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Probe Widens in N.M. Torture Case

March 31, 1999

ELEPHANT BUTTE, N.M. (AP) _ A woman accused in a bizarre kidnap-sexual torture case told an acquaintance she joined her boyfriend in the tortures for the adrenaline rush.

John Branaugh also said Cindy Lea Hendy told him four to six people had been killed, mutilated and dumped in Elephant Butte Lake, 150 miles south of Albuquerque _ and that more bodies were buried in the desert.

There has been no indication from police that bodies have been found, but authorities have not ruled out the possibility of homicides.

``This is a very dark, very disturbing case for everyone involved,″ state Public Safety Secretary Darren White said Tuesday.

The FBI said more than 100 investigators would follow leads across at least three states in a case White described as ``so vile″ that he feared victims may not wish to come forward.

But he said: ``We believe the nightmare is behind bars.″

David Parker Ray, 59, and Hendy, 39, have been charged with 25 counts, including kidnapping, aggravated battery and conspiracy.

A woman from nearby Truth or Consequences who entered the couple’s house looking for cake mix told police she was bound to a table, molested with a sexual device, jolted with electrodes attached to her breasts and forced to perform oral sex on Ray. She said she persuaded her captors, whom she apparently knew, to release her Feb. 21 along a highway.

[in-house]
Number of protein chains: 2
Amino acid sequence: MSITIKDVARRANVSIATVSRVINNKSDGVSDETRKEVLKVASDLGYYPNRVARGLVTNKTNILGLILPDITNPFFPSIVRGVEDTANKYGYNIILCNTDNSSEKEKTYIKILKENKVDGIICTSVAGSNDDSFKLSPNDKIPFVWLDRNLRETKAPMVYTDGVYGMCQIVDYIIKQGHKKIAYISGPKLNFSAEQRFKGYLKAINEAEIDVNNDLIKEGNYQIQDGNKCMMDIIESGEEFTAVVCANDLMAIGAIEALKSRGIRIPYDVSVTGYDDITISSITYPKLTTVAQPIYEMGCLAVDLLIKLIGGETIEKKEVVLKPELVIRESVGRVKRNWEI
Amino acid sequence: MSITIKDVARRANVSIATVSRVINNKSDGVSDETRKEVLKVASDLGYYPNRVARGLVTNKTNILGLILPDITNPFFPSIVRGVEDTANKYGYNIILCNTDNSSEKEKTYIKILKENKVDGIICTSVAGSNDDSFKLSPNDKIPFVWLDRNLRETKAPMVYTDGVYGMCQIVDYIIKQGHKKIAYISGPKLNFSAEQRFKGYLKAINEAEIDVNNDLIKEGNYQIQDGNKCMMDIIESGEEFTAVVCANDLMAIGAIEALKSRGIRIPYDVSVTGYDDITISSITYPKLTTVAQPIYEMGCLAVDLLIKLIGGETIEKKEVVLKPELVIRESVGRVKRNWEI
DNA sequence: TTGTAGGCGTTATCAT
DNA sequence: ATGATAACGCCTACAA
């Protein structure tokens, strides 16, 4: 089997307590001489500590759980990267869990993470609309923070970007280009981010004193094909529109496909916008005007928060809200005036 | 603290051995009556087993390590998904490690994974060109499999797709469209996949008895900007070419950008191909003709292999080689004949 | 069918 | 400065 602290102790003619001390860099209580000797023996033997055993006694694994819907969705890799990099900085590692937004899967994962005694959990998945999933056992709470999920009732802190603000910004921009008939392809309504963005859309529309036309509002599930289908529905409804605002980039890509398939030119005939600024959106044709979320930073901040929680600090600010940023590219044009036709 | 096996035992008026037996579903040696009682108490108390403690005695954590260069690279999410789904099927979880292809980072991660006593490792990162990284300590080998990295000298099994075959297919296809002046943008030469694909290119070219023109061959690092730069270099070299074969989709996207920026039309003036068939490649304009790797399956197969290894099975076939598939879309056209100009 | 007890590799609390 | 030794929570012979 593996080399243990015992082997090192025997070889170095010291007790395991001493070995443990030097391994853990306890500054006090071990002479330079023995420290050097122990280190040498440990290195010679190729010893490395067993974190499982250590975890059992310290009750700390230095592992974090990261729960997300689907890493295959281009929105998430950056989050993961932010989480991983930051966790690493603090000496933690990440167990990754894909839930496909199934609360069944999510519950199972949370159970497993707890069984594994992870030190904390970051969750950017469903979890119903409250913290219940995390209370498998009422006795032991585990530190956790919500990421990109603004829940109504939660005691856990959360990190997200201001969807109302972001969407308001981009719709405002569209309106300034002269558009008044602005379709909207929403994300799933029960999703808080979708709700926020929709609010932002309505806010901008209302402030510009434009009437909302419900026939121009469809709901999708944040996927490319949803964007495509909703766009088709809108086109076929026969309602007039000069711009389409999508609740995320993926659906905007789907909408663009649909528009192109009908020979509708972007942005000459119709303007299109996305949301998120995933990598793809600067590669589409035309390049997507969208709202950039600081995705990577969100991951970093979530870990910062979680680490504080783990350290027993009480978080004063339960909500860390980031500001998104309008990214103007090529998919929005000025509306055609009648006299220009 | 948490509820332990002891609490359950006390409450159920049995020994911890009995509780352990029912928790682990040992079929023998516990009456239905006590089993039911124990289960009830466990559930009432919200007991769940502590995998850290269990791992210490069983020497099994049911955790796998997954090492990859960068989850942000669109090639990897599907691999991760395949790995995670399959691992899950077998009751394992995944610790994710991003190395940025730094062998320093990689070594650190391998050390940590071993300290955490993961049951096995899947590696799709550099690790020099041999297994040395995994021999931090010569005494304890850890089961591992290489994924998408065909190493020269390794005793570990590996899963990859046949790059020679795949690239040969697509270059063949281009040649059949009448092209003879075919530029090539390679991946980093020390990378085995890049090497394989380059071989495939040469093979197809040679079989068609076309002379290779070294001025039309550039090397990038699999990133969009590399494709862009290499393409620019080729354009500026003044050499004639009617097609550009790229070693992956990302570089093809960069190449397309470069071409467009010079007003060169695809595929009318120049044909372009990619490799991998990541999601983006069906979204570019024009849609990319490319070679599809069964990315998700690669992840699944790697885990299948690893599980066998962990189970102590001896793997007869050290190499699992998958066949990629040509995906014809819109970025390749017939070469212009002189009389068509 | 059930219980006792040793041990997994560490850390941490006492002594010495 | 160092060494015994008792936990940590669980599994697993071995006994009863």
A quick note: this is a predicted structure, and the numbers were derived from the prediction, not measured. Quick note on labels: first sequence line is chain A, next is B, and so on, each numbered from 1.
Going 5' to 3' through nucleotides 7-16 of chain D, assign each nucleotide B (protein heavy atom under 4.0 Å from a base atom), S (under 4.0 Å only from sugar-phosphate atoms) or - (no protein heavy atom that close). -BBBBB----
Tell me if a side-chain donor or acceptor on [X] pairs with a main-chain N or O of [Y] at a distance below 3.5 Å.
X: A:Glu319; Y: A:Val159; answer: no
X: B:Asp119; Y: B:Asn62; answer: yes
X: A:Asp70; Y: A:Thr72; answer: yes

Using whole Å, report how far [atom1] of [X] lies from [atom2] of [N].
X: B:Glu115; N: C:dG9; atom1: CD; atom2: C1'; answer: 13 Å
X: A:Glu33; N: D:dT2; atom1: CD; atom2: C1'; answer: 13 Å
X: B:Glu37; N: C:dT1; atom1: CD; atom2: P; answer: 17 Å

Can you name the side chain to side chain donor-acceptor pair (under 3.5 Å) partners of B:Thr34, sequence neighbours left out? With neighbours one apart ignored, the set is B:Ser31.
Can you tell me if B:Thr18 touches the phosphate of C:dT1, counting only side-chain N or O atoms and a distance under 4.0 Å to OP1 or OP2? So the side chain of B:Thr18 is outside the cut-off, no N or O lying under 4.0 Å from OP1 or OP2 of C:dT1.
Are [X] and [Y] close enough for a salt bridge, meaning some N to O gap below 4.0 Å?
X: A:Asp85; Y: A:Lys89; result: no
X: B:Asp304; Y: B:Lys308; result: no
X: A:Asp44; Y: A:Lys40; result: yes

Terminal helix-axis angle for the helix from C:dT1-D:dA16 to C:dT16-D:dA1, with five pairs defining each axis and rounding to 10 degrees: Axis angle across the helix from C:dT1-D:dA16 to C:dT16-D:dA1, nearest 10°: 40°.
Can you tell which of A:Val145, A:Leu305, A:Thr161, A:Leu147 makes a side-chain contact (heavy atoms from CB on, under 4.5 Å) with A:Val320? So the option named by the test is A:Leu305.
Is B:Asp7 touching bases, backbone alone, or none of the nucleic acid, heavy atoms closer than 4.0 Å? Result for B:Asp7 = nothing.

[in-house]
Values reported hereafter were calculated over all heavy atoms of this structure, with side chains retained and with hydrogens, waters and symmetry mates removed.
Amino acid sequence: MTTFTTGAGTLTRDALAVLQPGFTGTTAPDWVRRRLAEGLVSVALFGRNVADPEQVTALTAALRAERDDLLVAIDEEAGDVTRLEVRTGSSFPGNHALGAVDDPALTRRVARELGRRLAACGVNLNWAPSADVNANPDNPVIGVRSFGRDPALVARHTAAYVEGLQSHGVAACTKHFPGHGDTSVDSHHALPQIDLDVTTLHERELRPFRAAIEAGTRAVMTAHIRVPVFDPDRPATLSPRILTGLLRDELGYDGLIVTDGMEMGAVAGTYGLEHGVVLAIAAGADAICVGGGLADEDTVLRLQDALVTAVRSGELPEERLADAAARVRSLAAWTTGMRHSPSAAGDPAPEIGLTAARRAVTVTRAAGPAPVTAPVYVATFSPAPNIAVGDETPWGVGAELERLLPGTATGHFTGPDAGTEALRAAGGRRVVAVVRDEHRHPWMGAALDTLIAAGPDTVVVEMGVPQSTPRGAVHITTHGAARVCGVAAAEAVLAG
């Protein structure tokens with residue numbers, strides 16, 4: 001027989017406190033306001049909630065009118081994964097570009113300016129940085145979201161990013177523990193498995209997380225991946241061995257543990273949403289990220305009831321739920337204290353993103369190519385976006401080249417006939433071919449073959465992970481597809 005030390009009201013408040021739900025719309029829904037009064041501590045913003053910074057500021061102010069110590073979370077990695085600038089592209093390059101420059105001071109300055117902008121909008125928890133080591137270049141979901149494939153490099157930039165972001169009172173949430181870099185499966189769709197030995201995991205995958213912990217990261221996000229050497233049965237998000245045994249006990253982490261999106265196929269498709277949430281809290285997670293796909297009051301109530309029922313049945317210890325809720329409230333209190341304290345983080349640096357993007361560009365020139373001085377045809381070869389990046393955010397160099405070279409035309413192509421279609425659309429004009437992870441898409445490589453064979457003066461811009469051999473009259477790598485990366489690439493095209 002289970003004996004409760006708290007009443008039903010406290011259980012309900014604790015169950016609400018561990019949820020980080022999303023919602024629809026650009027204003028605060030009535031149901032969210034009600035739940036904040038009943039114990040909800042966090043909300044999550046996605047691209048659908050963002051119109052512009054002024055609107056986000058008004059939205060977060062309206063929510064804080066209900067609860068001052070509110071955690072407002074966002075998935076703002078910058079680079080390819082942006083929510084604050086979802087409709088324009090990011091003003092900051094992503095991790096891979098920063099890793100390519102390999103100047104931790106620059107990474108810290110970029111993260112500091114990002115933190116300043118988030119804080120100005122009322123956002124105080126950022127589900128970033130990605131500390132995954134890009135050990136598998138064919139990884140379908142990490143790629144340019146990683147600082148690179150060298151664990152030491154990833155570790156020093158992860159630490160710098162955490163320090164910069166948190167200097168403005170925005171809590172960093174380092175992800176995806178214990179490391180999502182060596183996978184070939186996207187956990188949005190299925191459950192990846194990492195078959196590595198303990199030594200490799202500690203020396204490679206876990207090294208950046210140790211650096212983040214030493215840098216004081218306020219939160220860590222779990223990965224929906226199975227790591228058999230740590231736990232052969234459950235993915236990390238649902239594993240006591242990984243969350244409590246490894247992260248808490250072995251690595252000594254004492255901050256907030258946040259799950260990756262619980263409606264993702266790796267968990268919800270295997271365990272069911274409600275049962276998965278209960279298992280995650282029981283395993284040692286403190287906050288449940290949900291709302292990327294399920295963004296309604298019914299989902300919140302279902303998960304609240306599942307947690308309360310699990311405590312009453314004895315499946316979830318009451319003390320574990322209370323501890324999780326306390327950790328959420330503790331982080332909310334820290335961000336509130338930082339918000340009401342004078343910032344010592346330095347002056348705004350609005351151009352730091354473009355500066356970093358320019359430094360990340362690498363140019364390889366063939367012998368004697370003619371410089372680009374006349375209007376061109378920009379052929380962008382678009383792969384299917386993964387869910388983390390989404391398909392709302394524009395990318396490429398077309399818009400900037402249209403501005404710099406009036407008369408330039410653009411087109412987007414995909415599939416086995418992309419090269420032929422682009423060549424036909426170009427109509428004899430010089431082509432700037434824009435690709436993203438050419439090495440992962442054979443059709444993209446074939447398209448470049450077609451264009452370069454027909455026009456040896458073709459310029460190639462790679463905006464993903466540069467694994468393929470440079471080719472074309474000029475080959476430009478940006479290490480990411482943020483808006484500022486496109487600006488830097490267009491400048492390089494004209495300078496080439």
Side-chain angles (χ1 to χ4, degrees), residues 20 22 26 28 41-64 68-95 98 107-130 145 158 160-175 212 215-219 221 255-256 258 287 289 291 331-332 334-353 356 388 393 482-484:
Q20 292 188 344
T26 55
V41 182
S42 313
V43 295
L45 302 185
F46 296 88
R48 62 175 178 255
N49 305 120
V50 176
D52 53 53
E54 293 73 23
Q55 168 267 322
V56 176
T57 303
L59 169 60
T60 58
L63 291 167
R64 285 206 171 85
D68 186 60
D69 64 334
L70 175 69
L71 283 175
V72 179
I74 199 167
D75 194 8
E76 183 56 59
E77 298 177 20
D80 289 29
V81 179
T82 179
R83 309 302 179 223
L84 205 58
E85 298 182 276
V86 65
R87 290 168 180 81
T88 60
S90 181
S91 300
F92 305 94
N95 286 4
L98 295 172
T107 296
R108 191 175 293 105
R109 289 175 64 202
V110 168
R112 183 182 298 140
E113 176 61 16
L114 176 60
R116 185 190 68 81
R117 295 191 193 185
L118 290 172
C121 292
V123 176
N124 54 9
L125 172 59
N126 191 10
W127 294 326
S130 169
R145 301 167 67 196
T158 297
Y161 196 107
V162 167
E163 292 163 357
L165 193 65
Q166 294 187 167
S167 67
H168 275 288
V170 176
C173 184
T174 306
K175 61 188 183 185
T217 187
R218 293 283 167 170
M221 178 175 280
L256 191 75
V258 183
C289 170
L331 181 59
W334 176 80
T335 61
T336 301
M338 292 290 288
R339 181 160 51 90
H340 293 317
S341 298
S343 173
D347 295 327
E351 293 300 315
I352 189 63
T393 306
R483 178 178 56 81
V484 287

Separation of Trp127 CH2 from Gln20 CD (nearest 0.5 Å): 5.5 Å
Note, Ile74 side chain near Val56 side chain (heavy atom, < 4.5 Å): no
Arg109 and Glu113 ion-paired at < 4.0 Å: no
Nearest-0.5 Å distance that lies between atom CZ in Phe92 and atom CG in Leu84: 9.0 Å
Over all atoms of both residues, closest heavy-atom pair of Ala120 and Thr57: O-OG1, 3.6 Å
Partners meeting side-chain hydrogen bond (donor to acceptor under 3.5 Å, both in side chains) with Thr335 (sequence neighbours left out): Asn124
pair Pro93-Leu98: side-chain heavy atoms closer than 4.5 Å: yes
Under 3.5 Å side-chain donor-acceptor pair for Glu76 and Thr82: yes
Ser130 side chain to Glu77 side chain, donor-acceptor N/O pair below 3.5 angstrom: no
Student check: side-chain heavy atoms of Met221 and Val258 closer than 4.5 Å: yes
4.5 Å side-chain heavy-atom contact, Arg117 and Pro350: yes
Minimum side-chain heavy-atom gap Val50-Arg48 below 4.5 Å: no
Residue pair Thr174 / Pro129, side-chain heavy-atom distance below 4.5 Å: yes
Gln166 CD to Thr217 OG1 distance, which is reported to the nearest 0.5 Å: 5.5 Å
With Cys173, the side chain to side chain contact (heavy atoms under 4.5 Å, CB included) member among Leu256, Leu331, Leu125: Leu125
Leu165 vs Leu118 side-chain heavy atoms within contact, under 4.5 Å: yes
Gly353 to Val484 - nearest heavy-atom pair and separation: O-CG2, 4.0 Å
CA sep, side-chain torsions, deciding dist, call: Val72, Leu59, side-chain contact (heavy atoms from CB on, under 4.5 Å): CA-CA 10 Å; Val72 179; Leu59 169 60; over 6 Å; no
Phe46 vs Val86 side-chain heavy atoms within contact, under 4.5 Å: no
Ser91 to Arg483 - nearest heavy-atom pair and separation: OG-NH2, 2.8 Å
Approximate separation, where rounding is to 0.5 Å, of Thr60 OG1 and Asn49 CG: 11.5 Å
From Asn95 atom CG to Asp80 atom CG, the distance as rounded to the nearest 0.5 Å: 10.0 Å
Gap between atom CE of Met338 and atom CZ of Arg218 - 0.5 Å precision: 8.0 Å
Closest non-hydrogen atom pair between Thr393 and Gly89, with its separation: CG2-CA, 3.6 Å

Photos found at the house include a picture of an Albuquerque woman, restrained and stretched with ``torture instruments,″ investigators said. She escaped from the lakeside trailer March 22 wearing only a padlocked metal collar hooked to a chain, authorities said.

Branaugh said the couple kept torture devices in a wood and glass case they called ``the toy box,″ and that Ms. Hendy told him she participated for the ``adrenaline rush.″

Branaugh said he initially didn’t believe Ms. Hendy because she made the remarks while drunk. He said he told police after seeing a television report about the case.

Ms. Hendy, who has three children in the Seattle area, moved to New Mexico in 1997 to avoid arrest, her son told the Seattle Post-Intelligencer.

``I’m still shocked. I can’t really believe it. She ain’t the person who would do this kind of thing,″ said Shane Larson, 22.

Ms. Hendy was a suspect in a Seattle-area equipment theft in 1995, and reportedly had been charged with forgery, drug possession and posession of stolen property since 1979.

Investigators have examined the dusty half-acre lot around Ray’s double-wide trailer home for several days, and the search for victims and witnesses now covers Arizona, Texas and northern Mexico.

Bone fragments found in Ray’s yard were not human, police said. They said they had no immediate plans to dig in Ray’s yard or drag nearby Elephant Butte Lake.

Albert Costales, Ray’s attorney, has said his client is innocent.

Elephant Butte is a sleepy town in the shadow of the Sierra Caballo mountains, heavily reliant on lake-based tourism. The influx of national media and authorities has overwhelmed the 2,500 residents in a community with one stoplight, a few shops and trailers along dirt roads.

``We feel violated,″ Mayor Bob Barnes said at a town meeting Tuesday night. ``Things have just crashed in on us.″

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